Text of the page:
News: News, Research, WA

Stopping stem rot

The most cost-effective means to control plant pathogens in economically important crops is to develop resistance within the plants.

An understanding of how crops become naturally resistant to Australia’s important fungal and viral pathogens is fundamental to improving the management of crop diseases. However, little is actually known about the processes involved. The Plant Pathology Group at the University of Western Australia (UWA) has been working with the AMMRF at UWA to define key host resistances of Brassicas to important pathogens. Important Brassica crops include canola, mustard, cabbages, cauliflower and broccoli.

Stem cross section of canola showing strong autoflourescence surrounding a lesion and in the endodermis, demonstrating lignin barriers formed against the fungal pathogen Sclerotinia.

In a Linkage Project with the Department of Agriculture and Food Western Australia, A/Prof. Peta Clode used confocal microscopy in the AMMRF (now Microscopy Australia) at UWA to show that the pathogen, Sclerotinia sclerotiorum invades the vascular system of highly susceptible types of Brassica causing rapid rotting of the stems. However, in contrast, resistant Brassicas restrict growth of the fungus by impeding its progress towards stem vascular tissues. They do this by producing more cell layers in the outer part of the stem and rapid lignification of the surrounding tissue. This initiates the rapid death of cells around the infected area.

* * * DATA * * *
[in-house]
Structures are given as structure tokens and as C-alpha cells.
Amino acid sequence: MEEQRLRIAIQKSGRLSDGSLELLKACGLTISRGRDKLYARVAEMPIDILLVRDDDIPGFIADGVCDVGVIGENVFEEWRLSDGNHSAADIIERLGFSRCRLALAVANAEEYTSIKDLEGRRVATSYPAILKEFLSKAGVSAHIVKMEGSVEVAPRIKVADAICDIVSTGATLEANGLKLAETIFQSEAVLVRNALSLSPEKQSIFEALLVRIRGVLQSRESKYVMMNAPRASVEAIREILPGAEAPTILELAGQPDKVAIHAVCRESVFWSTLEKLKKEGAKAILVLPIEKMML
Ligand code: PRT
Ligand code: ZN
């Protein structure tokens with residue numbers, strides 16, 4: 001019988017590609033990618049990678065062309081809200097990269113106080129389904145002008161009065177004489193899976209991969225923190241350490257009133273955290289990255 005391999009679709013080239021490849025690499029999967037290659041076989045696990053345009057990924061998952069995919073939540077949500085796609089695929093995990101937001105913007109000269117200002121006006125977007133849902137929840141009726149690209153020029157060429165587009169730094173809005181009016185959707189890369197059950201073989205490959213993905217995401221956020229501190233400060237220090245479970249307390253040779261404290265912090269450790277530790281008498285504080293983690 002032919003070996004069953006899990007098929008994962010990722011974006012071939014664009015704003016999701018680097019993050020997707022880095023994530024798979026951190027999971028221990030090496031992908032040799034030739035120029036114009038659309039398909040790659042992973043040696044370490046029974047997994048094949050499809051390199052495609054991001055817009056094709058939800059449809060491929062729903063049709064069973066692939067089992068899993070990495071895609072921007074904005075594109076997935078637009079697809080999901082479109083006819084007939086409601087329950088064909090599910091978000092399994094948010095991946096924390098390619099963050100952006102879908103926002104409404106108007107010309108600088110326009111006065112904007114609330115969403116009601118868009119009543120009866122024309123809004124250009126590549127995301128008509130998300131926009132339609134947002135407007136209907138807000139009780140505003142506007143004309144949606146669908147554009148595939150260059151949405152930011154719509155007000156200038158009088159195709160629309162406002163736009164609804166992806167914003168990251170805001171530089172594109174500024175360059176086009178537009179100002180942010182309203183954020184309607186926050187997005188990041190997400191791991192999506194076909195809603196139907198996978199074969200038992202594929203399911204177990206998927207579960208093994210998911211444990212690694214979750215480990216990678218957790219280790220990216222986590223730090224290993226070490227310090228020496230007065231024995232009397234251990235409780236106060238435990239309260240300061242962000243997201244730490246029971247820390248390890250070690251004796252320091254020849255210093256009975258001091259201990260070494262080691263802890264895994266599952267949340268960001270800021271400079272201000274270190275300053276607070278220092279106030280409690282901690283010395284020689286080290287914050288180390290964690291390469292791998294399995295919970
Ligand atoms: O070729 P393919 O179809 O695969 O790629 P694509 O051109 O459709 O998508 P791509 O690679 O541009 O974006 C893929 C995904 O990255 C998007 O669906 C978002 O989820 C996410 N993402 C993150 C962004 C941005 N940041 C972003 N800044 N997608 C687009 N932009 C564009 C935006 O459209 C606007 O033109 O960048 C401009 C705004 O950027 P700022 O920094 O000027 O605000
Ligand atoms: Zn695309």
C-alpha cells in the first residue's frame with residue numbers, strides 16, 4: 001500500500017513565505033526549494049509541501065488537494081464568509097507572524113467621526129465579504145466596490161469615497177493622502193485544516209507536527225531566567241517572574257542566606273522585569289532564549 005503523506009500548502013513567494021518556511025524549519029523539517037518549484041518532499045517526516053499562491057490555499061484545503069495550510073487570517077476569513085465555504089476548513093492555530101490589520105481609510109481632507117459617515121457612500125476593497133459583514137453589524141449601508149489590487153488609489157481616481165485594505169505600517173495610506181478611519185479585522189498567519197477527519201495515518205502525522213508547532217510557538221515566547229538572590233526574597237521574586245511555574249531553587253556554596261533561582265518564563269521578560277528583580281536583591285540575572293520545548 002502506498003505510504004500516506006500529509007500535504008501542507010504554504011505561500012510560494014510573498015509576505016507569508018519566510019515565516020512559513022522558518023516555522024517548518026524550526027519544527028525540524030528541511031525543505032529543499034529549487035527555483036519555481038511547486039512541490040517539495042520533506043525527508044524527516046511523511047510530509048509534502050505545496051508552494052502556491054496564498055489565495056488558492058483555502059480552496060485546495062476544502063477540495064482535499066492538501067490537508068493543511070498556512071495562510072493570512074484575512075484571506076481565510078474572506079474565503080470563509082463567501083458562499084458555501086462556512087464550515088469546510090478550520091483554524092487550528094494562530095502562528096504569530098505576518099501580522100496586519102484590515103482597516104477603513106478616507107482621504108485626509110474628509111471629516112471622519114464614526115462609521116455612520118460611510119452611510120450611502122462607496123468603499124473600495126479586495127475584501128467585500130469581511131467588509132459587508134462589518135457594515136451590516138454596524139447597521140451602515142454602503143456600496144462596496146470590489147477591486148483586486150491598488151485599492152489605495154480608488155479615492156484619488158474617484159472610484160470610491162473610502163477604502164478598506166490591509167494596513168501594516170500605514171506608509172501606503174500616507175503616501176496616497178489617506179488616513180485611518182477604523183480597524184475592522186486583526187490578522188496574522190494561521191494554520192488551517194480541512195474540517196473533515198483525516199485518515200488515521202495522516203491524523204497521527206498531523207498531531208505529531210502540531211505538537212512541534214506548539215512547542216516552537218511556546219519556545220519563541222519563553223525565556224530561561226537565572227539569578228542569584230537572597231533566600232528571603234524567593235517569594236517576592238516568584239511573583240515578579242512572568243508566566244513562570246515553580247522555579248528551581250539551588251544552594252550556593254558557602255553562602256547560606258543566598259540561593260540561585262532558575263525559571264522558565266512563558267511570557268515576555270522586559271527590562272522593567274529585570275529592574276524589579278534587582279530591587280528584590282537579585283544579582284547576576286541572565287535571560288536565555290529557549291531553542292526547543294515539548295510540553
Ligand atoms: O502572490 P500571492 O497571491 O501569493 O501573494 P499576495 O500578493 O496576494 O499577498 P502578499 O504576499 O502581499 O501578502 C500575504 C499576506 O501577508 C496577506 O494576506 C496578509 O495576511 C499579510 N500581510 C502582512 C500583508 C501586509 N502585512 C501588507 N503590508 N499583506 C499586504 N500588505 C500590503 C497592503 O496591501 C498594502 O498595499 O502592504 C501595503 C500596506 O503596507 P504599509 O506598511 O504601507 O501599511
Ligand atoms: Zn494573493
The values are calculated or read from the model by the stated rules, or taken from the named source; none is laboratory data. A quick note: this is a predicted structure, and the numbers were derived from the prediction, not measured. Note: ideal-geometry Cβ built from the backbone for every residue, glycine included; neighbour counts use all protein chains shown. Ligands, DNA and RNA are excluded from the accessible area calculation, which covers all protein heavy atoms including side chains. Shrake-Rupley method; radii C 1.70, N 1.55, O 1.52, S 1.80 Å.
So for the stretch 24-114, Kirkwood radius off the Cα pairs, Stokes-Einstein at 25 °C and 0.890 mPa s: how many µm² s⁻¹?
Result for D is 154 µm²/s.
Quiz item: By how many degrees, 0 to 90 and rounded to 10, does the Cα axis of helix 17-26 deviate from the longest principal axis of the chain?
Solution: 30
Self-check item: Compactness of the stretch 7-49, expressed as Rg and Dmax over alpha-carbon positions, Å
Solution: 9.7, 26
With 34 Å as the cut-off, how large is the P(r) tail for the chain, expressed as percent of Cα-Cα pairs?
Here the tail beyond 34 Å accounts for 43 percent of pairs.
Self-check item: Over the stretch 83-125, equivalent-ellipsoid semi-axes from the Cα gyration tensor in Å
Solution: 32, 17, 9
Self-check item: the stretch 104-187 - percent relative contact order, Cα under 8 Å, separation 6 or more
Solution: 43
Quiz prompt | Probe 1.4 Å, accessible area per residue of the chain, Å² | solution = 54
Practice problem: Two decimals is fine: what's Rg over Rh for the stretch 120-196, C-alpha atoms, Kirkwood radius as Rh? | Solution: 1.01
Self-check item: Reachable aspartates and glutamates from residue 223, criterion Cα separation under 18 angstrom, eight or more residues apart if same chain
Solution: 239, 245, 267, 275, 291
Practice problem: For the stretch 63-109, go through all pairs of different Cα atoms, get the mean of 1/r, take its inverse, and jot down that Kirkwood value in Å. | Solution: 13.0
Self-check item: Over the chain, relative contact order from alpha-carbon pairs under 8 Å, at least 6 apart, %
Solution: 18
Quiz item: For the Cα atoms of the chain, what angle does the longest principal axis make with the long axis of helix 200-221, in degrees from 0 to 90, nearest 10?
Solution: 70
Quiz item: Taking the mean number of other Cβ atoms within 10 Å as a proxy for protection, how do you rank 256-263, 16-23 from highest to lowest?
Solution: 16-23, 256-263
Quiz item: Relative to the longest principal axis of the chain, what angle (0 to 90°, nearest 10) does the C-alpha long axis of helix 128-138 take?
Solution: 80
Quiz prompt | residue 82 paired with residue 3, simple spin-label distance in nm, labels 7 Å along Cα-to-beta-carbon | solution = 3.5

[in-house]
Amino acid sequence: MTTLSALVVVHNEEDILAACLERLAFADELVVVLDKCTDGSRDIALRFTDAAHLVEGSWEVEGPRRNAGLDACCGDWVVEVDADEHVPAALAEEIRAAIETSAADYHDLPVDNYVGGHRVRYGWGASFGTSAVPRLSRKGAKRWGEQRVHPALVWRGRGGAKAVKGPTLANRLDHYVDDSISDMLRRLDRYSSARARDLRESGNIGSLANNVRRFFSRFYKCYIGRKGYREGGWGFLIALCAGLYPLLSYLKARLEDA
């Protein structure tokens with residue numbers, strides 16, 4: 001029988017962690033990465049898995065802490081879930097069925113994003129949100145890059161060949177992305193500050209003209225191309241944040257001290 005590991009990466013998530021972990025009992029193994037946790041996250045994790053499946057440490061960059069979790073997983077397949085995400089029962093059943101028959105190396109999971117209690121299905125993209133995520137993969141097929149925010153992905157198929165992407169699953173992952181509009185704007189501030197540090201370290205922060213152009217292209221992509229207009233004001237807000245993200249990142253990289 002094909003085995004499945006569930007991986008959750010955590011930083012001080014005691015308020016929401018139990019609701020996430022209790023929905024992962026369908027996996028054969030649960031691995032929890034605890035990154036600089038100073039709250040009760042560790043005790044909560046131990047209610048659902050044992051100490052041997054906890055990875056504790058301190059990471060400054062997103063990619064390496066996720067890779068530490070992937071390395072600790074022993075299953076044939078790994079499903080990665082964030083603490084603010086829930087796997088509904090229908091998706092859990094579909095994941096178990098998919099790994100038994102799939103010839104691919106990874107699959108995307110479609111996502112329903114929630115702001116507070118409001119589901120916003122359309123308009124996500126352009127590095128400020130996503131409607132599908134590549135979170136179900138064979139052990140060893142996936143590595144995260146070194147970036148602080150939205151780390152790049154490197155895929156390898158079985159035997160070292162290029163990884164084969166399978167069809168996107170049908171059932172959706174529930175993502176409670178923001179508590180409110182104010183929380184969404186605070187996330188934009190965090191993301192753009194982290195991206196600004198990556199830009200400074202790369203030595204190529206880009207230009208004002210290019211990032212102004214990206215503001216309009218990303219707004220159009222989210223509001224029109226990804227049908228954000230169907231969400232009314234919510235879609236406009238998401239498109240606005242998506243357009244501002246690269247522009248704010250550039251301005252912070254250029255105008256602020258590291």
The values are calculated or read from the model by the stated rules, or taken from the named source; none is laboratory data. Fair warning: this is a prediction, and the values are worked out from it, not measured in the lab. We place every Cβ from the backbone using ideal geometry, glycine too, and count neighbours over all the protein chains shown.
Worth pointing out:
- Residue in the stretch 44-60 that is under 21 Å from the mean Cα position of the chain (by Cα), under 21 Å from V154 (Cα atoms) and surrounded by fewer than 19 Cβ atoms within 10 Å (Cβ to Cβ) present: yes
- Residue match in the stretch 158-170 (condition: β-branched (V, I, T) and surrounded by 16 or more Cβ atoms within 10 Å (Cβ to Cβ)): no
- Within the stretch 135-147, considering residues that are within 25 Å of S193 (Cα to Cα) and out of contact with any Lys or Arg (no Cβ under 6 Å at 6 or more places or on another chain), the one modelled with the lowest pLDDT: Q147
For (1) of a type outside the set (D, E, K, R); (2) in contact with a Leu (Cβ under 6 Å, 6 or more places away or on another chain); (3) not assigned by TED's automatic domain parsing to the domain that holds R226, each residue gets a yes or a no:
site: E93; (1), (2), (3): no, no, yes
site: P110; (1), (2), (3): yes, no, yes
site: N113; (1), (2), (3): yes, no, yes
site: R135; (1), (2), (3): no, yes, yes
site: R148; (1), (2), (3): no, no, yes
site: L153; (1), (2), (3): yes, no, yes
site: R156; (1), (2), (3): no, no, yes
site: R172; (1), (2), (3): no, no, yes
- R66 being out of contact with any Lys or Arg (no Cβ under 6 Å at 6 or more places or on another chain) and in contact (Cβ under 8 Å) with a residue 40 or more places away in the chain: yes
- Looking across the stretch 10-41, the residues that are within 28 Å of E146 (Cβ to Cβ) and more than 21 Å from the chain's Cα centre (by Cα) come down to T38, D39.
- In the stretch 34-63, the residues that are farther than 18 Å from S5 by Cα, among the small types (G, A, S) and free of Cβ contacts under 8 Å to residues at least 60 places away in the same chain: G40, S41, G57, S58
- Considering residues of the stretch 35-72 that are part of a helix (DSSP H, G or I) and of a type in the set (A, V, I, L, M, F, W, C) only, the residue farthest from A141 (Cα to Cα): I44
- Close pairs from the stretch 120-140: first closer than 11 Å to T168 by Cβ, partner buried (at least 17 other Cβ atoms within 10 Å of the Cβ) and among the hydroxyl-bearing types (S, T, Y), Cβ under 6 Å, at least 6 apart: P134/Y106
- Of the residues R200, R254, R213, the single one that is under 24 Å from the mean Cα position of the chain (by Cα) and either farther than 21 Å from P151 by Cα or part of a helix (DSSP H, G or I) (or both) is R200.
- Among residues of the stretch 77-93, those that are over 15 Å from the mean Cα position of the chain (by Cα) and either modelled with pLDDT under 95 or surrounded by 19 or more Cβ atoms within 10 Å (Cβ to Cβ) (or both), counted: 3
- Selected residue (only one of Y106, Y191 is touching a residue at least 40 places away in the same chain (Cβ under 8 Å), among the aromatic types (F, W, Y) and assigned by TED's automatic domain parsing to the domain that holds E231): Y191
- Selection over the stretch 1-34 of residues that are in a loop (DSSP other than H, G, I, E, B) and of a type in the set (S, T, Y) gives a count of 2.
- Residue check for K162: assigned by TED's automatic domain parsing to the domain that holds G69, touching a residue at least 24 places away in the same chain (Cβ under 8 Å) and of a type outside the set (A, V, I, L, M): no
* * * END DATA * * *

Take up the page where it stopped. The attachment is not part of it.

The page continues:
Lignin is the tough structural molecule of wood and lignification is a common part of the resistance puzzle in Brassicas, protecting vascular tissue from invasion. The resistance mechanisms identified in these studies will be highly valuable for targeted breeding programs to develop new disease-resistant cultivars. They will also enable new, more effective strategies to be developed for managing crop diseases in Australia.

M. Uloth et al., Annals of Botany, doi:10.1093/aob/mcv1502015, 2015